Cliff Monahan wrote:
>> I prefer to show my ignorance in the relative obscurity of these pages rather than have
> to do so face-to-face with students. Recently, I couldn't give a good answer on when
> meiosis occurs during the coccidian life cycle. Syngamy is obviously the fusion of
> gametes resulting in a diploid state. Does the haploid state develop immediately
> following syngamy? Furthermore, what is the best explanation for the difference between
> a schizont and a meront -- besides the spelling? Cliff
Meiosis - both ultrastructural (Sinden and colleagues) and genetic
(Shirley et al.) evidence suggests that meiosis occurs immediately after
fusion of the gametes as the first step in sporogony. Thus, all
sporozoites are haploid, as are all other stages of the life history of
the apicomplexan protists.
"Schizont" versus "Meront" - my understanding is that schizogony is a
cellular process in which karyokinesis occurs prior to simultaneous
cytoplasmic fragmentation into multiple progeny. Typically, the term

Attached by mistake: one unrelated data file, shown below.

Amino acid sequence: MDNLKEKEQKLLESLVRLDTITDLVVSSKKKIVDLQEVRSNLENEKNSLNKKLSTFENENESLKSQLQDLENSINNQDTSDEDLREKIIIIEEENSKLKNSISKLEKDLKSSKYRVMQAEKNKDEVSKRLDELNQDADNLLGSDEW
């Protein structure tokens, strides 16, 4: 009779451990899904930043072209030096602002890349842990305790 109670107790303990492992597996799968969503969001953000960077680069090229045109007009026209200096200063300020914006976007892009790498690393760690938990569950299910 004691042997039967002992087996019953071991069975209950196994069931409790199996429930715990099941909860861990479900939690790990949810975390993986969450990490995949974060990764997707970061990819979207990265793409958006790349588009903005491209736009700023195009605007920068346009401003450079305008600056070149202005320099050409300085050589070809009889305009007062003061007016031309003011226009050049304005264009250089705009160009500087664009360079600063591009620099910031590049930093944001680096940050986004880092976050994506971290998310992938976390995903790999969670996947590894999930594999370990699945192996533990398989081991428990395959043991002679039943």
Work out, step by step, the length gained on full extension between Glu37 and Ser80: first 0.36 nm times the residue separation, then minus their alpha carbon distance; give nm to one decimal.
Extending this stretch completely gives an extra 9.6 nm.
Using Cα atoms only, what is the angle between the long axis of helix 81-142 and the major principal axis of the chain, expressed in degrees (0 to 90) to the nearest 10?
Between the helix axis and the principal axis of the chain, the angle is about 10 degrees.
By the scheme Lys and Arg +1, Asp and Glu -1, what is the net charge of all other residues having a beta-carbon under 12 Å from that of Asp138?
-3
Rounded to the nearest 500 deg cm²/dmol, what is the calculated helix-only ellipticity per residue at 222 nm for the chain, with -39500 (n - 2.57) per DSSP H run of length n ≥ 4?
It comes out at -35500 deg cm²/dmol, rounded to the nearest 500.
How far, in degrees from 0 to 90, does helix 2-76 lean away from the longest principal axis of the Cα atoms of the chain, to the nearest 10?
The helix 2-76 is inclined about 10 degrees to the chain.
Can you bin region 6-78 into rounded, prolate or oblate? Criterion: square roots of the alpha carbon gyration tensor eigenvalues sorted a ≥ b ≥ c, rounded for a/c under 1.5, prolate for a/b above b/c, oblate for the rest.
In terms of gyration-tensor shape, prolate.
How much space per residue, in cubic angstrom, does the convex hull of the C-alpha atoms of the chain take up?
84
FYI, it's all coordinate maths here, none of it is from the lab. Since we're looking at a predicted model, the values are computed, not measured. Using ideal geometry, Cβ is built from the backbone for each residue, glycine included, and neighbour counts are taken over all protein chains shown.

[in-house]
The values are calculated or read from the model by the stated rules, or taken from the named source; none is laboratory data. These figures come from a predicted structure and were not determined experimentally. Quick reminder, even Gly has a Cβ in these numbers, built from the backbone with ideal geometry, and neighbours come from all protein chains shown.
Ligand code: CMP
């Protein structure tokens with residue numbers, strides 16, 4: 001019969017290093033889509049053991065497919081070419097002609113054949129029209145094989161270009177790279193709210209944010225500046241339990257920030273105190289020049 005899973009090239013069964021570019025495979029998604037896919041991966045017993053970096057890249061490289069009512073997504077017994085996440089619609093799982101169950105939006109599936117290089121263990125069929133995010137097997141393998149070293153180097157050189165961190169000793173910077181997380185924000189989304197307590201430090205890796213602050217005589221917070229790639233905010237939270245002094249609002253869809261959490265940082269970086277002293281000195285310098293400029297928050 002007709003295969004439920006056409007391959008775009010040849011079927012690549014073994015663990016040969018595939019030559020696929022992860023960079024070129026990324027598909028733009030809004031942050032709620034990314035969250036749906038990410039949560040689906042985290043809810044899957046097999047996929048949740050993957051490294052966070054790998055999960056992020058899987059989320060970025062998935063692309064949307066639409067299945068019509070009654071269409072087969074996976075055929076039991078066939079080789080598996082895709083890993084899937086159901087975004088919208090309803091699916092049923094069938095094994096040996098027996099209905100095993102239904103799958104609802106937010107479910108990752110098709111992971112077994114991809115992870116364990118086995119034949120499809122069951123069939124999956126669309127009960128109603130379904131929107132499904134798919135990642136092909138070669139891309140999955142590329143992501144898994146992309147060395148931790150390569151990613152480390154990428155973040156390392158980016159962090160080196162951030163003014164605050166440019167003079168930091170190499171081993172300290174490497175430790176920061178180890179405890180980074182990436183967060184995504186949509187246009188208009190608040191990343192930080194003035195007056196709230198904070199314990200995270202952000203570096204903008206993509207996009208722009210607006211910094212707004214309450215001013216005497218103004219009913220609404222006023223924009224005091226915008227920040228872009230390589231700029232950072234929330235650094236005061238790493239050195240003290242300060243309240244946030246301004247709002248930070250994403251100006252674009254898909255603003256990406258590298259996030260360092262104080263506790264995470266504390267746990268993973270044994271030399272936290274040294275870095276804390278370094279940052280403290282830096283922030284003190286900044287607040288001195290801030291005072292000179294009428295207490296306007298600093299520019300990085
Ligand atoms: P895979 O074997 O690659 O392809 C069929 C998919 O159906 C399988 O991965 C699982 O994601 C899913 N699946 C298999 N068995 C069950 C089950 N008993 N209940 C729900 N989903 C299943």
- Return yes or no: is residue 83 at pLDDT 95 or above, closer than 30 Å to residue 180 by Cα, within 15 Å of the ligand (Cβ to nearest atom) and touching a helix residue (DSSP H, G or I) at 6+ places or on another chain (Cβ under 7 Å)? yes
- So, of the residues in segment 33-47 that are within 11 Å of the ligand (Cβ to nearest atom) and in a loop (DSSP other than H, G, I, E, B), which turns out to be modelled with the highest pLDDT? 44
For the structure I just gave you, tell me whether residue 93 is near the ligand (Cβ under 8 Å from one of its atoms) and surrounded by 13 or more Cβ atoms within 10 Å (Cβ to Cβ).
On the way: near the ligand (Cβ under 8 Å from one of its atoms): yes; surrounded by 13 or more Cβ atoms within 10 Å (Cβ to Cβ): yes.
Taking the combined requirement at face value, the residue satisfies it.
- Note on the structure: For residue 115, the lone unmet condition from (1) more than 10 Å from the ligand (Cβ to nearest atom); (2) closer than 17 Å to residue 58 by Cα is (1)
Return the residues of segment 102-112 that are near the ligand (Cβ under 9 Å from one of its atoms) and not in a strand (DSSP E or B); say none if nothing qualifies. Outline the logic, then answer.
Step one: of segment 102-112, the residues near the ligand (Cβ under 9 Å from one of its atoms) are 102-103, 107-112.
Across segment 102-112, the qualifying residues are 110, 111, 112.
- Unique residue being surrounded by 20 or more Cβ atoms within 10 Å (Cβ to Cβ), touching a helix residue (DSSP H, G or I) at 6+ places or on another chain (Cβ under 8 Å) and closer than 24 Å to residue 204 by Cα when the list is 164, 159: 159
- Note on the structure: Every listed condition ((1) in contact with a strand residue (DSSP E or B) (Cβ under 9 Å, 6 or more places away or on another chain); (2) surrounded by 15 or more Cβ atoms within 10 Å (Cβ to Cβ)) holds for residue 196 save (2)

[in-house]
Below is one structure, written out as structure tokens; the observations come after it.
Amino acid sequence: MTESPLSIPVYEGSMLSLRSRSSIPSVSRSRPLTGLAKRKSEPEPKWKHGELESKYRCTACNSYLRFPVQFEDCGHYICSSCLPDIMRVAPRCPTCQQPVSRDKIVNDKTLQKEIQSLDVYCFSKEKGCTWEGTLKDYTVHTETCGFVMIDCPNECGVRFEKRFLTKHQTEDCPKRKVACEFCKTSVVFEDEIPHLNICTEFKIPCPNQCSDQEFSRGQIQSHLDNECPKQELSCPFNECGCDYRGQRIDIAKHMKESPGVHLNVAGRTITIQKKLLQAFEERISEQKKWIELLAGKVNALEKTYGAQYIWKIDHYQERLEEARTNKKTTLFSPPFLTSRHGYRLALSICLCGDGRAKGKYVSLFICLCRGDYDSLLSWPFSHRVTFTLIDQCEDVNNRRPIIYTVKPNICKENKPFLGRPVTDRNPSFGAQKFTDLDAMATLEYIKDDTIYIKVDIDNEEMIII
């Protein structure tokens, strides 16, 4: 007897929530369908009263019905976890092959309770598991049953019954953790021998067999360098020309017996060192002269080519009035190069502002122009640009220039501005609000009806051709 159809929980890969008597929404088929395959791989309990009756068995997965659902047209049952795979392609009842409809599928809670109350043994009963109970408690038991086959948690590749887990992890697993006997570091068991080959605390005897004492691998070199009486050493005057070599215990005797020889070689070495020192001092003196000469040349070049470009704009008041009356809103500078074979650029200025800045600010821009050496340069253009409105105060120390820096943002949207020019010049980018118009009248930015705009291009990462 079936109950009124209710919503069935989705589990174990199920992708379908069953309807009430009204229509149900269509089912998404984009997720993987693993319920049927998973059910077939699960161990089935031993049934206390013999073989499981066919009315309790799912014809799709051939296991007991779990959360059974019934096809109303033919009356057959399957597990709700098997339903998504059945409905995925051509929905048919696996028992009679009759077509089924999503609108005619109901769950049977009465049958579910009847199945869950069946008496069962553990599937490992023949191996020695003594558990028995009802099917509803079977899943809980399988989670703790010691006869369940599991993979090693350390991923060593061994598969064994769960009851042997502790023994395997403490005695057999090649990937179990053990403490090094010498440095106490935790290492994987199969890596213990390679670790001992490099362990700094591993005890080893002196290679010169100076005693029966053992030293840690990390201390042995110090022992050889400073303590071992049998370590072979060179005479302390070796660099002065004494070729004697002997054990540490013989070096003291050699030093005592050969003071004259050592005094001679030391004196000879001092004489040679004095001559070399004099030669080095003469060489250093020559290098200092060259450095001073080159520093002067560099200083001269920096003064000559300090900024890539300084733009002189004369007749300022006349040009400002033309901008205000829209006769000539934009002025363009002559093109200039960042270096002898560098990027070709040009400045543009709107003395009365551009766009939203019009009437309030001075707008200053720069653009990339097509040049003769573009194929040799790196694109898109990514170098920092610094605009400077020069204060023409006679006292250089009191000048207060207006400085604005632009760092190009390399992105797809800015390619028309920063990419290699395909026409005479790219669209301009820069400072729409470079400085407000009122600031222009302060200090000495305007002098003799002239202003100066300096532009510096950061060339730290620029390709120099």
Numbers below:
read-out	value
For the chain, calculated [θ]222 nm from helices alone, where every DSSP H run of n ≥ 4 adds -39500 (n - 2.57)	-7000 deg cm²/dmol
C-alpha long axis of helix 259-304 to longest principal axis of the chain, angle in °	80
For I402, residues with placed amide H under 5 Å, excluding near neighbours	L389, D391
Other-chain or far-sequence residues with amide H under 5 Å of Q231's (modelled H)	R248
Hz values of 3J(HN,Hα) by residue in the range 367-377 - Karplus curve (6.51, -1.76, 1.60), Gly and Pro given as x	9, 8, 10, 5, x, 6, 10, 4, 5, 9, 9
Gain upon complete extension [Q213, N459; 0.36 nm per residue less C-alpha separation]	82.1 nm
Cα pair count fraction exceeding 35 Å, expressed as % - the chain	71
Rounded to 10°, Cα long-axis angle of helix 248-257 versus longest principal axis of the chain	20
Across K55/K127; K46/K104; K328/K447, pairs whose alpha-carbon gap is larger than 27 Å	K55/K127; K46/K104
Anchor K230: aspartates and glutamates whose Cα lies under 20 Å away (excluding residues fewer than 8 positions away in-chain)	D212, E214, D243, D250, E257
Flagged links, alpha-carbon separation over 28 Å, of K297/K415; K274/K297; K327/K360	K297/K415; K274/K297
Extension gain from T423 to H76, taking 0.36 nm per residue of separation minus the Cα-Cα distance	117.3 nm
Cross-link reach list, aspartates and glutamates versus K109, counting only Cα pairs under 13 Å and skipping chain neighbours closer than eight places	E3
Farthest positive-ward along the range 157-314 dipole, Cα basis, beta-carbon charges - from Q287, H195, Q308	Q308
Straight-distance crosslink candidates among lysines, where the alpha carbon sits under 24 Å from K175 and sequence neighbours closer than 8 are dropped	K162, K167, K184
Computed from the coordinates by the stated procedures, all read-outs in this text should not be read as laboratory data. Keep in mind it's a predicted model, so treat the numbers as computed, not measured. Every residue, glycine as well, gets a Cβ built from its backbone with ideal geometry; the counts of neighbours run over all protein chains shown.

schizont has been applied to the asexual stages in the life cycle of
apicomplexan protists and is generally used interchangebly with "meront"
but this is not strictly correct. Many stages in the life history of
apicomplexan protists undergo schizogony (microgamonts, sporonts and
meronts as examples). "Meront" is a more specific term referring to an
_asexual_ stage undergoing schizogony. By analogy, the term "sporogony"
is the specific term for the post-meiotic schizogonic process and the
term "microgametogony" is the specfic term for a schizogonic process
leading to the formation of microgametes. My preference is that
"schizont" no longer be used and that the more descriptive term "meront"
be used as appropriate. However, there is a lot of history associated
with the term "schizont" and it will take some time to change.
Hope this helps.
John R. Barta
Dept. of Pathobiology
Ontario Veterinary College
University of Guelph
"jbarta at uoguelph.ca"